11 Attest Engagements 1271 the practitioner may perform other procedures that he or she believes would be more efficient to provide him or her with a level of assurance equivalent to that which inquiries and analytical procedures would provide. In the third circumstance, the practitioner should perform additional procedures..57 The extent to which attestation procedures will be performed should be based on the level of assurance to be provided and the practitioner's consideration of (a) the nature and materiality of the information to be tested to the subject matter or the assertion taken as a whole, (b) the likelihood of misstatements, (c) knowledge obtained during current and previous engagements, (d) the responsible party's competence in the subject matter, (e) the extent to which the information is affected by the asserter's judgment, and (f) inadequacies in the responsible party's underlying data..58 As part of the attestation procedures, the practitioner considers the written assertion ordinarily provided by the responsible party. If a written assertion cannot be obtained from the responsible party, the practitioner should consider the effects on his or her ability to obtain sufficient evidence to form a conclusion about the subject matter. When the practitioner's client is the responsible party, a failure to obtain a written assertion should result in the practitioner concluding that a scope limitation exists. 11 When the practitioner's client is not the responsible party and a written assertion is not provided, the practitioner may be able to conclude that he or she has sufficient evidence to form a conclusion about the subject matter. Representation Letter.59 During an attest engagement, the responsible party makes many representations to the practitioner, both oral and written, in response to specific inquiries or through the presentation of subject matter or an assertion. Such representations from the responsible party are part of the evidential matter the practitioner obtains..60 Written representations from the responsible party ordinarily confirm representations explicitly or implicitly given to the practitioner, indicate and document the continuing appropriateness of such representations, and reduce the possibility of misunderstanding concerning the matters that are the subject of the representations. Accordingly, in an examination or a review engagement, a practitioner should consider obtaining a representation letter from the responsible party. Examples of matters that might appear in such a representation letter include the following: 12 a. A statement acknowledging responsibility for the subject matter and, when applicable, the assertion b. A statement acknowledging responsibility for selecting the criteria, where applicable 11 When the client is the responsible party, it is presumed that the client will be capable of providing the practitioner with a written assertion regarding the subject matter. Failure to provide the written assertion in this circumstance is a client-imposed limitation on the practitioner's evidencegathering efforts. In an examination, the practitioner should modify the report for the scope limitation. In a review engagement, such a scope limitation results in an incomplete review and the practitioner should withdraw from the engagement. 12 Specific written representations will depend on the circumstances of the engagement (for example, whether the client is the responsible party) and the nature of the subject matter and the criteria. For example, when the client is not the responsible party but has selected the criteria, the practitioner might obtain the representation regarding responsibility for selection of the criteria from the client rather than the responsible party (see paragraph.61). 2015, AICPA AT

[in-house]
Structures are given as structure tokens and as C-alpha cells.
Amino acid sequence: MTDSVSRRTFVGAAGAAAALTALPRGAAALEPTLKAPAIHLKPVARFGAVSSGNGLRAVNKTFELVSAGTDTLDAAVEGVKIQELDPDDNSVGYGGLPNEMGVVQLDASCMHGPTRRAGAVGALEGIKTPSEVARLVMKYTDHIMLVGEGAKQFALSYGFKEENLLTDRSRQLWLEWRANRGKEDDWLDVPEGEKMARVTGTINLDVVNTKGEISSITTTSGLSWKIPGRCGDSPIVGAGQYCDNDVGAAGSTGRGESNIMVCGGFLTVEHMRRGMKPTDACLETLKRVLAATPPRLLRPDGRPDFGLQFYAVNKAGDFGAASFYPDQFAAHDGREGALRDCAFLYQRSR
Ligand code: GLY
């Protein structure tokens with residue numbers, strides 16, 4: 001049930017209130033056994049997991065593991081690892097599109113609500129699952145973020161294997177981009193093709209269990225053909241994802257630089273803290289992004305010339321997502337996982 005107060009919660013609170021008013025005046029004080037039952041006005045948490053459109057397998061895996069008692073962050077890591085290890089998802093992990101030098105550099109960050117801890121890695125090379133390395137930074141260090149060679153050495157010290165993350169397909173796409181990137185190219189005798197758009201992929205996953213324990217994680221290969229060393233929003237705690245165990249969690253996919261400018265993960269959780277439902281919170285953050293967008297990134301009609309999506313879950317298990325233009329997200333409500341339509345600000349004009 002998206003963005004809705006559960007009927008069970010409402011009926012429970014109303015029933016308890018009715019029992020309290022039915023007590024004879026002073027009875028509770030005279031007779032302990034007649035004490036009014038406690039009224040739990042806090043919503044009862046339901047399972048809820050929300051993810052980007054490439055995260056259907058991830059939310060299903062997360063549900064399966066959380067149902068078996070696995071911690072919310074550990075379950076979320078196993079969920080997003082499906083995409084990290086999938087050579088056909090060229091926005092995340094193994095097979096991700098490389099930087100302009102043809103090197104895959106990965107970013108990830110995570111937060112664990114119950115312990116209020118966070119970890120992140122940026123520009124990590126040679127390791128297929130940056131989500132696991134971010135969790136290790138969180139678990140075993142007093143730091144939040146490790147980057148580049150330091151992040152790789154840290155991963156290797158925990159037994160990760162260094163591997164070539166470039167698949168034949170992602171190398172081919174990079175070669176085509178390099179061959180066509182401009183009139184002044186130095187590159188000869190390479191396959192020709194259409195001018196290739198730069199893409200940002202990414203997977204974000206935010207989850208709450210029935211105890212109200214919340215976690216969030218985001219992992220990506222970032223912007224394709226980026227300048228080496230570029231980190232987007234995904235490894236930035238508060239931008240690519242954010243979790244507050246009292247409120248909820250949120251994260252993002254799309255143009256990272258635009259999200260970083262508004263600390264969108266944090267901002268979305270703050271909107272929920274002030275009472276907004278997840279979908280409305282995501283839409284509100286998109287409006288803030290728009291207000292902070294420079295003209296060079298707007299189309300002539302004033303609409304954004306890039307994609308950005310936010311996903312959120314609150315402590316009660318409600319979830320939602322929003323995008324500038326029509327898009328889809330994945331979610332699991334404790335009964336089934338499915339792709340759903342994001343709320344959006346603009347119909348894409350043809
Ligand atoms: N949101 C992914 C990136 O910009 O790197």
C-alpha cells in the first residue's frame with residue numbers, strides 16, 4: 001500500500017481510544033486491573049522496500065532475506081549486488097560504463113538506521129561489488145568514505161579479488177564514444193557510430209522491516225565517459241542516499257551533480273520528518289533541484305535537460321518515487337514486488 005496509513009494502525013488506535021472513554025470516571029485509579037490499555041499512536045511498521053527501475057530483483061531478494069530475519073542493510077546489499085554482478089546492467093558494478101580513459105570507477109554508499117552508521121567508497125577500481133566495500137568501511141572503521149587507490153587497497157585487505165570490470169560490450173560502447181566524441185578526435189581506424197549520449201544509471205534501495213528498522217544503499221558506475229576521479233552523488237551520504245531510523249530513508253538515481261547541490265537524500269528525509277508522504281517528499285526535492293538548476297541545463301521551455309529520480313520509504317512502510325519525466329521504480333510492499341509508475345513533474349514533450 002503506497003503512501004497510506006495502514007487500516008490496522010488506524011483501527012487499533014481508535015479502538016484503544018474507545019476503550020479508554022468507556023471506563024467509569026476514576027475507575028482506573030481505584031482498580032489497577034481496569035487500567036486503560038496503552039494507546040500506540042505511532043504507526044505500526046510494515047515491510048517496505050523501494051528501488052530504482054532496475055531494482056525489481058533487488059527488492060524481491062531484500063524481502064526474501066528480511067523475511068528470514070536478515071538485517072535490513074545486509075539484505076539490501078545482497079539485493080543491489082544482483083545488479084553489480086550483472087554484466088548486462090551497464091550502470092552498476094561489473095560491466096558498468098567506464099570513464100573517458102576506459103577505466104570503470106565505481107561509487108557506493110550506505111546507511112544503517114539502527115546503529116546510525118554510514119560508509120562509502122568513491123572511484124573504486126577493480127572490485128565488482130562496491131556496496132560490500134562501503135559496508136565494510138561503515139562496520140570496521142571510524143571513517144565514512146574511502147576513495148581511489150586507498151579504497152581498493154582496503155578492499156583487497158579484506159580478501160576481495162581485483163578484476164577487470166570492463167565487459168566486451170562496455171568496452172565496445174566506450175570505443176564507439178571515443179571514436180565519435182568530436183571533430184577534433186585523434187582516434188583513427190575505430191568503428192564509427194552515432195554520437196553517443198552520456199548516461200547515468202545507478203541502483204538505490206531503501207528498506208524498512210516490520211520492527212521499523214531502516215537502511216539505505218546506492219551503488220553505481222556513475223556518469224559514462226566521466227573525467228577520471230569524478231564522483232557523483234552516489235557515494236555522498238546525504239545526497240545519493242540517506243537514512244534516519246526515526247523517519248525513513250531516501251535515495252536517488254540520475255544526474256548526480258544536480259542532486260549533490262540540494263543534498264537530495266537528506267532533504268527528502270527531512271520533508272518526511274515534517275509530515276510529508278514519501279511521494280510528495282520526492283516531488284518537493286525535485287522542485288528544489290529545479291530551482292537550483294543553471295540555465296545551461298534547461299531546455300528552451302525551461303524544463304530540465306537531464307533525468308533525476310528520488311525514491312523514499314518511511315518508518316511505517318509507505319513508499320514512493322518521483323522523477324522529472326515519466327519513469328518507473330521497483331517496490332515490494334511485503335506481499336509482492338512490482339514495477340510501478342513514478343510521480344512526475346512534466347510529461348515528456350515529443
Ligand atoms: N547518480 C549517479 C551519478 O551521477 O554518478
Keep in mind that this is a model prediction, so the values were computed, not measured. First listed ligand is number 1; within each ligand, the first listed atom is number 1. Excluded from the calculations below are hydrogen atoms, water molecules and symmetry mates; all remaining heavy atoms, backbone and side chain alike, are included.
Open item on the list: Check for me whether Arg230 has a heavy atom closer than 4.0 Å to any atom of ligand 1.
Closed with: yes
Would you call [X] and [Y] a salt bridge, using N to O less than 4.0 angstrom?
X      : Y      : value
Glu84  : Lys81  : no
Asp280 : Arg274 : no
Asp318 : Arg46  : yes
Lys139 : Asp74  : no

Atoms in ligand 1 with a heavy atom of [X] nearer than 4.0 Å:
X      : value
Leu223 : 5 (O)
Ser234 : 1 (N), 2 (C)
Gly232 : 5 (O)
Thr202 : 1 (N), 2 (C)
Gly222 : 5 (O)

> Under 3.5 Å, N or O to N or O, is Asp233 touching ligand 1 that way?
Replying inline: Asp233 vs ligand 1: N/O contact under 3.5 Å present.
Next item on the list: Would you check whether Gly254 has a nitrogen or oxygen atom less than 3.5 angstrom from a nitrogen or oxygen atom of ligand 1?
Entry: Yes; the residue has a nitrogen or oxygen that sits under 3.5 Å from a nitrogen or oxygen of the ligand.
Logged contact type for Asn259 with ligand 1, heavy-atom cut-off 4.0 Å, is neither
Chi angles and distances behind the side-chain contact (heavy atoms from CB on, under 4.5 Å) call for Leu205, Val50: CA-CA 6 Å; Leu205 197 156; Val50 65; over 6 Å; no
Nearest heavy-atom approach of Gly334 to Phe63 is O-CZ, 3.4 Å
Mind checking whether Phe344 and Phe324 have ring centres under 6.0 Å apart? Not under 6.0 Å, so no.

12 1272 Statements on Standards for Attestation Engagements c. A statement acknowledging responsibility for determining that such criteria are appropriate for its purposes, where the responsible party is the client d. The assertion about the subject matter based on the criteria selected e. A statement that all known matters contradicting the assertion and any communication from regulatory agencies affecting the subject matter or the assertion have been disclosed to the practitioner f. Availability of all records relevant to the subject matter g. A statement that any known events subsequent to the period (or point in time) of the subject matter being reported on that would have a material effect on the subject matter (or, if applicable, the assertion) have been disclosed to the practitioner h. Other matters as the practitioner deems appropriate.61 When the client is not the responsible party, the practitioner should consider obtaining a letter of written representations from the client as part of the attest engagement. Examples of matters that might appear in such a representation letter include the following: a. A statement that any known events subsequent to the period (or point in time) of the subject matter being reported on that would have a material effect on the subject matter (or, if applicable, the assertion) have been disclosed to the practitioner b. A statement acknowledging the client's responsibility for selecting the criteria, where applicable c. A statement acknowledging the client's responsibility for determining that such criteria are appropriate for its purposes d. Other matters as the practitioner deems appropriate.62 If the responsible party or the client refuses to furnish all written representations that the practitioner deems necessary, the practitioner should consider the effects of such a refusal on his or her ability to issue a conclusion about the subject matter. If the practitioner believes that the representation letter is necessary to obtain sufficient evidence to issue a report, the responsible party's or the client's refusal to furnish such evidence in the form of written representations constitutes a limitation on the scope of an examination sufficient to preclude an unqualified opinion and is ordinarily sufficient to cause the practitioner to disclaim an opinion or withdraw from an examination engagement. However, based on the nature of the representations not obtained or the circumstances of the refusal, the practitioner may conclude, in an examination engagement, that a qualified opinion is appropriate. Further, the practitioner should consider the effects of the refusal on his or her ability to rely on other representations. When a scope limitation exists in a review engagement, the practitioner should withdraw from the engagement. (See paragraph.75.) Standards of Reporting The first standard of reporting is The practitioner must identify the subject matter or the assertion being reported on and state the character of the engagement in the report. [As amended, effective when the subject matter or assertion is as of or for a period ending on or after December 15, 2006, by SSAE No. 14.] 13 The reporting standards apply only when the practitioner issues a report. [Footnote added, effective when the subject matter or assertion is as of or for a period ending on or after December 15, 2006, by SSAE No. 14.] AT , AICPA